• 20. Object-Oriented Analysis and Design Using UMLOverview of Object-Oriented Concepts (Contd.) Consider an example of OO concept: Countryside Markets has no formal system to store its employees information. The organization now wants to store detailed information about its employees, such as name, age, date of birth, e-mail id, department, empolyee code, salary drawn, and date of joining. Ver. 1.0 Slide 20 of 26
    • 21. Object-Oriented Analysis and Design Using UMLOverview of Object-Oriented Concepts (Contd.) Countryside Markets class hierarchy: Class Hierarchy Ver. 1.0 Slide 21 of 26
    • 22. Object-Oriented Analysis and Design Using UMLJust a minute Which phase of SDLC includes translation of the requirements specified in the SRS into a logical structure that can be implemented in a programming language? 1. Feasibility 2. Design 3. Coding 4. Maintenance Answer: Design Ver. 1.0 Slide 22 of 26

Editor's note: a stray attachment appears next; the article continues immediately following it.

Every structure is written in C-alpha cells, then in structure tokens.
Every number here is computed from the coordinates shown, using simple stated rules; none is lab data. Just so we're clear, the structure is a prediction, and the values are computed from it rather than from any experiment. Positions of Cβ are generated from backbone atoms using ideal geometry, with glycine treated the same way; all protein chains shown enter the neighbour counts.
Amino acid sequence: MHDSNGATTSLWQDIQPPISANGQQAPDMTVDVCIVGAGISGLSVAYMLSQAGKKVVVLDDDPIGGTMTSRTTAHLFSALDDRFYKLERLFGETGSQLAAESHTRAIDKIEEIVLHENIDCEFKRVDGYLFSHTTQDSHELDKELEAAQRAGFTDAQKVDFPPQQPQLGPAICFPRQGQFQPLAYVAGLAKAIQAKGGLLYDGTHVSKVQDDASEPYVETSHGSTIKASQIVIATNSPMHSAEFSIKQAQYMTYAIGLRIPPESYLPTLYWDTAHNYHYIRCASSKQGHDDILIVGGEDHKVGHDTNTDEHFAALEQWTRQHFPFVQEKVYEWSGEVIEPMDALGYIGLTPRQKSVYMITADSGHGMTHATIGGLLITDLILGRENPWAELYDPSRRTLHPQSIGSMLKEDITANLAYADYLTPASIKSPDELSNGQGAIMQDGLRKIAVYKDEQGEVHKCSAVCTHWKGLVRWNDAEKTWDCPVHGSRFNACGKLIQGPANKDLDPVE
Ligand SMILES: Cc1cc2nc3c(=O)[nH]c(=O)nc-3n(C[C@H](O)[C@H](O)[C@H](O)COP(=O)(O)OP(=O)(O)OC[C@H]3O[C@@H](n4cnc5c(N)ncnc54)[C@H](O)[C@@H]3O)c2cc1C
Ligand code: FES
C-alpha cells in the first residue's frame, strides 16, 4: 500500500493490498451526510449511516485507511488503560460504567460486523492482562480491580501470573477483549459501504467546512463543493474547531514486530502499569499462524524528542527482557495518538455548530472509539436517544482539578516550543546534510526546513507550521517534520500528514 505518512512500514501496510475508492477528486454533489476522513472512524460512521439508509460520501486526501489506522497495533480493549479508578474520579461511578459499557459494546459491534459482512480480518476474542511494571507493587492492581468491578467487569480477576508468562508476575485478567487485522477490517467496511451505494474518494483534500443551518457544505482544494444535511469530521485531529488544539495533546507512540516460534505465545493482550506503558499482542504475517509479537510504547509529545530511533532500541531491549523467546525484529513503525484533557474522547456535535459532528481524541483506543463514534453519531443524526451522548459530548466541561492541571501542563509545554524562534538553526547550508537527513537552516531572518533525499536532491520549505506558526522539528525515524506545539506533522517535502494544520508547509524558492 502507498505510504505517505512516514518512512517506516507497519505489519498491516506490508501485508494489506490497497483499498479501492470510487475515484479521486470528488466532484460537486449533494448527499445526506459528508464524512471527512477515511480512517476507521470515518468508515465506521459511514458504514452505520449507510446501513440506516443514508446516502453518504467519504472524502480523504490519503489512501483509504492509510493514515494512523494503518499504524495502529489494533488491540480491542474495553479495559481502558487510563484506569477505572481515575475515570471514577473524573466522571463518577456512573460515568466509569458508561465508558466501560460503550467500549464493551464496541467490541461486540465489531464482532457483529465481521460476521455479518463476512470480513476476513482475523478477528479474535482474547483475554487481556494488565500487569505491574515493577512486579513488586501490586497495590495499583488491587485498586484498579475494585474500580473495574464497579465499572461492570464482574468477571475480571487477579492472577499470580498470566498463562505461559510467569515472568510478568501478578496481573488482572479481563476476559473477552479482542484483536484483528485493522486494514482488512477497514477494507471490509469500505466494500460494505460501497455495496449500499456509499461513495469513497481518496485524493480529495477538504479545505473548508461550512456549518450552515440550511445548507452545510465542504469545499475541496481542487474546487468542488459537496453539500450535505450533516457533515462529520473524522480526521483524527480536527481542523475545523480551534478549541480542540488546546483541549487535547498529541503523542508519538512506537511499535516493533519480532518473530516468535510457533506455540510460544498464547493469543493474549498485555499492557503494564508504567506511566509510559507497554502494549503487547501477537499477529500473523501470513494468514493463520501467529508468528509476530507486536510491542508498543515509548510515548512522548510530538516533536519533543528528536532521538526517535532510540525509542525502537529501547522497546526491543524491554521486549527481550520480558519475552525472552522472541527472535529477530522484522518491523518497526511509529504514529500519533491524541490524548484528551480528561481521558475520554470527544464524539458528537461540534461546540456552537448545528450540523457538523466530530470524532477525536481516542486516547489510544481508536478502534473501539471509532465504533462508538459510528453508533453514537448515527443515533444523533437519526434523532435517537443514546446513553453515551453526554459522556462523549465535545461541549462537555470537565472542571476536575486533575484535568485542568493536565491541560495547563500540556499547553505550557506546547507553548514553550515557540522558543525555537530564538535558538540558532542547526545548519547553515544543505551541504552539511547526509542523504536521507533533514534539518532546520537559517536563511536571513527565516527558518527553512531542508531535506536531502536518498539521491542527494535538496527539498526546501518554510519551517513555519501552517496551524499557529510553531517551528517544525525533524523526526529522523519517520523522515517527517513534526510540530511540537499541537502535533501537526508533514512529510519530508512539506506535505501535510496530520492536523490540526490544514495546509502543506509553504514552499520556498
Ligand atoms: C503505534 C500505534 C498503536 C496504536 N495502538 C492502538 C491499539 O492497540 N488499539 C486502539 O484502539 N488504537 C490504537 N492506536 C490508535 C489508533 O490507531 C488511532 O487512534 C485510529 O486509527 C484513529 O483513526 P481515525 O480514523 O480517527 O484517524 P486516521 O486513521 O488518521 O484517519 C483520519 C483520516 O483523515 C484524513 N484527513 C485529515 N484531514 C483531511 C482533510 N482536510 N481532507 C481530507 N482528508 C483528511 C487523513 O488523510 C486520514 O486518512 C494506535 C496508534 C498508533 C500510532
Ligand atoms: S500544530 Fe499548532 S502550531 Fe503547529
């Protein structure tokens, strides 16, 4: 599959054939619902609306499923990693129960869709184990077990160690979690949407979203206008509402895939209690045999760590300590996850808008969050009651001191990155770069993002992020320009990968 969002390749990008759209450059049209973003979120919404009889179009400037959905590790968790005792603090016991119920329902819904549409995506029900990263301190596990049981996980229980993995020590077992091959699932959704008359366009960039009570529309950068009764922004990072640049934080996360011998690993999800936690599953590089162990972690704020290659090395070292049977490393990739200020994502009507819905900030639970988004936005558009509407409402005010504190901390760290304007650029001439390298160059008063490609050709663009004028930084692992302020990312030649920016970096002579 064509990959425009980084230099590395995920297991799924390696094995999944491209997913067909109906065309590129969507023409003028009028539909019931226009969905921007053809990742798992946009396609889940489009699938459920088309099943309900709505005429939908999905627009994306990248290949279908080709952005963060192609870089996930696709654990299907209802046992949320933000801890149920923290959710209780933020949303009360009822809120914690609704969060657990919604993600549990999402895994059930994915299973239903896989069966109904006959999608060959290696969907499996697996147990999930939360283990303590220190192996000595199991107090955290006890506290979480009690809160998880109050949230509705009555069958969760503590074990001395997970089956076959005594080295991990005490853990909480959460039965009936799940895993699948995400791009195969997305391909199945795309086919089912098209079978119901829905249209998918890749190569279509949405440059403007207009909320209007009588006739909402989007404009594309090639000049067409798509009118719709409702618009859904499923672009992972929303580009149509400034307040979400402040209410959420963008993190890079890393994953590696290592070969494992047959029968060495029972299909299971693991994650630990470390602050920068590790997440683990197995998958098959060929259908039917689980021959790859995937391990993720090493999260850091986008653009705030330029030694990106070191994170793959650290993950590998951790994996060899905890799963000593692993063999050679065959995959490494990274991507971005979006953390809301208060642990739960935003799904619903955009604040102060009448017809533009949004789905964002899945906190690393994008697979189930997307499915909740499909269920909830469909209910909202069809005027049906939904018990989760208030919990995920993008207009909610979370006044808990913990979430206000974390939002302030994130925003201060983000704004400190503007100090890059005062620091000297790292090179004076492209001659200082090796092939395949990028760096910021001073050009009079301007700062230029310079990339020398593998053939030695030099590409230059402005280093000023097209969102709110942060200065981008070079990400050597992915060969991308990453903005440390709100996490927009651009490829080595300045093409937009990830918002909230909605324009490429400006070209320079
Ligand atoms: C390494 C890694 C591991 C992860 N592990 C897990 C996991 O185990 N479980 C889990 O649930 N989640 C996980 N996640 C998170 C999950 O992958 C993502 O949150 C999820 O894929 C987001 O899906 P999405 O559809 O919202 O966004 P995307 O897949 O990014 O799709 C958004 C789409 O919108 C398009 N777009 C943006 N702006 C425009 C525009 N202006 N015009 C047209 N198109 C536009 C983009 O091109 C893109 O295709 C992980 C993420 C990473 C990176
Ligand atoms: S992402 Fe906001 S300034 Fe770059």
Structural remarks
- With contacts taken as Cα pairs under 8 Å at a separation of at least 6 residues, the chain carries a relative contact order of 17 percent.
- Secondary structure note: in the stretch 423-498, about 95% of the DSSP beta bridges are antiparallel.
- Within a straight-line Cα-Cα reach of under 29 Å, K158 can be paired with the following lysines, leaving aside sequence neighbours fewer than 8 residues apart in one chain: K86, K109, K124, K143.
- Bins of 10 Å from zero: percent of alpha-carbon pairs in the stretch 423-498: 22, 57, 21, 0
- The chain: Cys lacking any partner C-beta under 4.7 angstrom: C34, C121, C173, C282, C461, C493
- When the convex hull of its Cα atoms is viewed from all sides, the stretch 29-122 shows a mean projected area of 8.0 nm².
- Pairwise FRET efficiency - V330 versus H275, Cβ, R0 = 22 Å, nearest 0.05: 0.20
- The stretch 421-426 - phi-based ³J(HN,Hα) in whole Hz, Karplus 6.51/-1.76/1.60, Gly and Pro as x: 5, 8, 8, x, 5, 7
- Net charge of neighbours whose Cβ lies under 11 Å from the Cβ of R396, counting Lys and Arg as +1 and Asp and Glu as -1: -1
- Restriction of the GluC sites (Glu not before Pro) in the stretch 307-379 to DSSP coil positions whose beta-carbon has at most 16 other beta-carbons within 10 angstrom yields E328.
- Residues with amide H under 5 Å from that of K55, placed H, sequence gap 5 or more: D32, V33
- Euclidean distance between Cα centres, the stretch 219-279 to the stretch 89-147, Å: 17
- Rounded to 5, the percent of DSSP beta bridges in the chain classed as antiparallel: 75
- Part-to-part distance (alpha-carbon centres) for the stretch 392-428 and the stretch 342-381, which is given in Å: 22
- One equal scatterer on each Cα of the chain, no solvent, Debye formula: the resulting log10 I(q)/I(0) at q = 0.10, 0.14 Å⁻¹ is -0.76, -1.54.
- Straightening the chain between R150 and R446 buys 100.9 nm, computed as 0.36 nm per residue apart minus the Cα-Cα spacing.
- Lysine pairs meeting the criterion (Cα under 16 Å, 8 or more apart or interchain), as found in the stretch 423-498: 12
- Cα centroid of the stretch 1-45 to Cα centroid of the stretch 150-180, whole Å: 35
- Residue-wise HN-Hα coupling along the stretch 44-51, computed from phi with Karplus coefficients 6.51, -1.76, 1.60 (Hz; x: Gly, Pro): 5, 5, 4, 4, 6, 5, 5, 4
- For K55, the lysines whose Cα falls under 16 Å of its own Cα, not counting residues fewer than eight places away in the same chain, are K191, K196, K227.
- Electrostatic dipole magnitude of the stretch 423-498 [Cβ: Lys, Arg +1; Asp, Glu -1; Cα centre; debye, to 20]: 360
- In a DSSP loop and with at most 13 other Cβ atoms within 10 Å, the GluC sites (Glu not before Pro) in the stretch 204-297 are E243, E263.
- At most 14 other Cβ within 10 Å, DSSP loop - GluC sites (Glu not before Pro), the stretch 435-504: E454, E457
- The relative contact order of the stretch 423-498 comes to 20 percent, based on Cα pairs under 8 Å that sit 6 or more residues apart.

• 23. Object-Oriented Analysis and Design Using UMLRole of Object-Oriented Analysis and Design (OOAD) in SDLC OO approach does not replace the standard approaches, such as Data Flow Diagrams (DFD) or Entity Relationship (ER) diagrams. It is only an addition to the existing toolkit. OOAD uses the OO approach to solve the real world problems. It uses OO approach to analyze the system requirements and break a large and complex system into smaller and simpler components. OOAD is analysis of requirements and design of software system in terms of the objects, classes, encapsulation, inheritance, polymorphism, abstraction, and dynamic binding. OOAD is a methodology that can be applied to linear, iterative, or incremental approach. Ver. 1.0 Slide 23 of 26